Experiencing headaches during pregnancy is one of the most common discomforts and complaints. Headaches may occur at any time during your pregnancy, but they tend to be most common during the first and third trimesters.
What causes headaches during pregnancy?
An increase in headaches during the first trimester is believed to be caused by the surge of hormones along with an increase in the blood volume circulating throughout your body. These headaches may be further aggravated by stress, poor posture or changes in your vision. Other causes of headaches during pregnancy may involve one or more of the following:
- Lack of sleep
- Low blood sugar
- Caffeine withdrawal
- Stress (too many changes)
Women who have regular migraine headaches may discover that they experience fewer migraines during pregnancy; however, some women may encounter the same number or even more migraine headaches. If you are pregnant, it is important to talk to your health care provider about any medications that you may be taking for headaches.
Headaches during the third trimester tend to be related more to poor posture and tension from carrying extra weight. Headaches during the third trimester may also be caused by a condition called preeclampsia, which is high blood pressure during pregnancy.
What can you do to treat headaches during pregnancy?
The best way to deal with headaches is to avoid them altogether. Avoiding tension headaches is easiest when you follow these tips:
- Practice good posture (especially during the third trimester)
- Get plenty of rest and relaxation
- Eat well-balanced meals
- Apply cold or heat packs to your head
If you are not able to prevent headaches, there are still things that you can do to help them go away. During pregnancy, you want to try and relieve your headache by natural means if possible. Pain relief medications such as aspirin and ibuprofen are not recommended in most pregnancies; however, acetaminophen may be reccommended by your health care provider.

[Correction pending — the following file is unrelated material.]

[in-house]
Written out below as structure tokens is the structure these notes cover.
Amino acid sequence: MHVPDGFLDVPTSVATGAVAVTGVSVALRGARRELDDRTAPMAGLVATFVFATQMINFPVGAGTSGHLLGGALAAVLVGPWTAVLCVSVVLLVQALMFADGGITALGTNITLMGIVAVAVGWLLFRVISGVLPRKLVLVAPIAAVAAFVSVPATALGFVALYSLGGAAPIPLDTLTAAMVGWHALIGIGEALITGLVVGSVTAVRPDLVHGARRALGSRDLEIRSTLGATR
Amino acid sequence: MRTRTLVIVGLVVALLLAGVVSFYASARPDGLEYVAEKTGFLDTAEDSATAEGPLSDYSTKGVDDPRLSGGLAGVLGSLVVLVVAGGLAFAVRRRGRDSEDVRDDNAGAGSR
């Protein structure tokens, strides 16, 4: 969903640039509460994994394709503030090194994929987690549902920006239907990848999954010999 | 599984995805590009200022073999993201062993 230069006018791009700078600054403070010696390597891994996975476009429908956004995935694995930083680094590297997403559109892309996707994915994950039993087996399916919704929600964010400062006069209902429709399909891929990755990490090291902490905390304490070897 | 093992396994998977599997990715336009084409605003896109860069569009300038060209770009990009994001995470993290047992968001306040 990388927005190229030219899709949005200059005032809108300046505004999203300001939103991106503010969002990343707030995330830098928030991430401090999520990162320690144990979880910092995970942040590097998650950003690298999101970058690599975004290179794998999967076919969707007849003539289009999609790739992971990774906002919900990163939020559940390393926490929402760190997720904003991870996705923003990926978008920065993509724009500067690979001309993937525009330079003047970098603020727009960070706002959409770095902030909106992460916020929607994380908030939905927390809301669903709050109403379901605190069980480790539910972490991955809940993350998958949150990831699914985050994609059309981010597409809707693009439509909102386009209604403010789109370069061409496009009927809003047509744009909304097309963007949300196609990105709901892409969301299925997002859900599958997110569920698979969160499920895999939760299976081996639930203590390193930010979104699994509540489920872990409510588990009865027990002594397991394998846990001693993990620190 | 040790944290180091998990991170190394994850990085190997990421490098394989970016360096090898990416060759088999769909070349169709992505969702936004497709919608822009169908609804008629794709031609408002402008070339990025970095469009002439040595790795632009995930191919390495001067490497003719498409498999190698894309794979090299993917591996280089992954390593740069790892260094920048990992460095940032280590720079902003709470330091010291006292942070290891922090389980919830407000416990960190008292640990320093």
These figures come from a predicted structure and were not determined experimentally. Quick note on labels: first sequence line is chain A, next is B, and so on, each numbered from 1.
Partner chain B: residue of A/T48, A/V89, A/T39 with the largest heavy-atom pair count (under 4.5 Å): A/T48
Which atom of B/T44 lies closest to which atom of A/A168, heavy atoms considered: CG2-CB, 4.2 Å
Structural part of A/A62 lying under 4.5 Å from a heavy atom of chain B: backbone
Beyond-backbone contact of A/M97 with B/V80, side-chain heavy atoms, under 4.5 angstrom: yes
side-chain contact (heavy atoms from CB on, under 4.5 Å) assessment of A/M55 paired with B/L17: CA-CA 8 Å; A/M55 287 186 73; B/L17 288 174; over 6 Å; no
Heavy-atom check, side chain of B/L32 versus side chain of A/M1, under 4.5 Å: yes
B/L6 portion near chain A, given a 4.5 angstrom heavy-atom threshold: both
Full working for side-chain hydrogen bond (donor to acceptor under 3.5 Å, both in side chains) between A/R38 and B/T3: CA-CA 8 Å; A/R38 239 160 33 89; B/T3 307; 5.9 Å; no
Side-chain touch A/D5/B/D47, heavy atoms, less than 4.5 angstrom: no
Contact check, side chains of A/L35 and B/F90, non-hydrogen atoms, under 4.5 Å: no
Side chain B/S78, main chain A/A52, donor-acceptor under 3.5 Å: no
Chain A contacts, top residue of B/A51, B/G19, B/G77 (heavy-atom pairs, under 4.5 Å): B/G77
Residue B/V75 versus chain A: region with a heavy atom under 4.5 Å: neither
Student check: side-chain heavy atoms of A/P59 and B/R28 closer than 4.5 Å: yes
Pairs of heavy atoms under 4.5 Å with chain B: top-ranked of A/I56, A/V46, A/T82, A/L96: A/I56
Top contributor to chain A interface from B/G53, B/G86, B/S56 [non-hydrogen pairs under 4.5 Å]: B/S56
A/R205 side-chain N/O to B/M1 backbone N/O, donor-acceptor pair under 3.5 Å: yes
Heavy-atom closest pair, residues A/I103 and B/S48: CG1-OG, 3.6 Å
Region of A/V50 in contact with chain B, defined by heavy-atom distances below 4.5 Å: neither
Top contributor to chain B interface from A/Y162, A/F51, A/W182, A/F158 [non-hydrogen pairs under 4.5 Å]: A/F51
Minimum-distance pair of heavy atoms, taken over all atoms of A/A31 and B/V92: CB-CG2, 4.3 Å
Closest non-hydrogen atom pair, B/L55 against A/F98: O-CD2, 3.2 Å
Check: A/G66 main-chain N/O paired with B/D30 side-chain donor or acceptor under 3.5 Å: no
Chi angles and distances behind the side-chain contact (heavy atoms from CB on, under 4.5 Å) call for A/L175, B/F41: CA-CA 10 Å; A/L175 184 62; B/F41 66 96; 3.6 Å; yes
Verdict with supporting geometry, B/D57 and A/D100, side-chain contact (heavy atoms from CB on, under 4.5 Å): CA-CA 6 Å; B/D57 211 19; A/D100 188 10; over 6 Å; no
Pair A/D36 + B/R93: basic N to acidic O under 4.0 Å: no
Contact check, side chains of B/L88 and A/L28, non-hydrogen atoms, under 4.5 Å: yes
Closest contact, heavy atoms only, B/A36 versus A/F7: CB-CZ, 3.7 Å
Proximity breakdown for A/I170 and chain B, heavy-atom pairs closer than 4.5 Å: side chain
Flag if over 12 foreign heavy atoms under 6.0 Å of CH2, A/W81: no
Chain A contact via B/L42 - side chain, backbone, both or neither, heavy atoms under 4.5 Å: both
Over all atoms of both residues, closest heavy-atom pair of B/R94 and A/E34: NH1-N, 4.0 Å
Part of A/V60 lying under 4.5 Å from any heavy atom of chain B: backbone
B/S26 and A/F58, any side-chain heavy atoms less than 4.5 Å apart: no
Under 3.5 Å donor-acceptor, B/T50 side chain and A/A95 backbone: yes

You may want to try to relieve your headache with one or more of the following natural remedies:
- If you have a sinus headache, apply a warm compress around your eyes and nose
- If you have a tension headache, apply a cold compress or ice pack at the base of your neck
- Maintain your blood sugar by eating smaller, more frequent meals. This may also help prevent future headaches
- Get a massage. Massaging your shoulders and neck is an effective way to relieve pain
- Rest in a dark room and practice deep breathing
- Take a warm shower or bath
Applying heat or cold to the sides of the head, the eyes, or along the back of the neck is one of the best ways to reduce or relieve the pain associated with a headache. Heating pads and cold packs come in a variety of shapes and sizes, but most require using a microwave or the freezer first. Another draw back with some of these is that the heat or cold subsides as time goes on.
We have discovered a new pain relief system, called SootheAway that delivers either heat or cold consistently at the temperature you desire. You can visit our Headache paine resource section to find more on Soothe Away.
You may also reduce the likelihood of migraine headaches by avoiding common triggers of migraine headaches. Potential triggers include:
- Aged cheese
- Breads with fresh yeast
- Preserved meats
- Sour cream
When should you contact your health care provider?
Unfortunately, headaches are a normal part of pregnancy; however you should be able to experience some relief. Contact your health care provider:
- Before taking any medications
- If you do not experience any relief from the remedies above
- Your headaches get worse or more persistent
- You experience headaches that are different than normal
- Your headaches are accompanied by: blurry vision, sudden weight gain, pain in the upper right abdomen, and swelling in the hands and face
Compiled using information from the following sources:
Williams Obstetrics Twenty-Second Ed. Cunningham, F. Gary, et al, Ch. 55.
National Headache Foundation, http://www.headaches.org
Mayo Clinic Guide To A Healthy Pregnancy Harms, Roger W., M.D., et al, Part 3.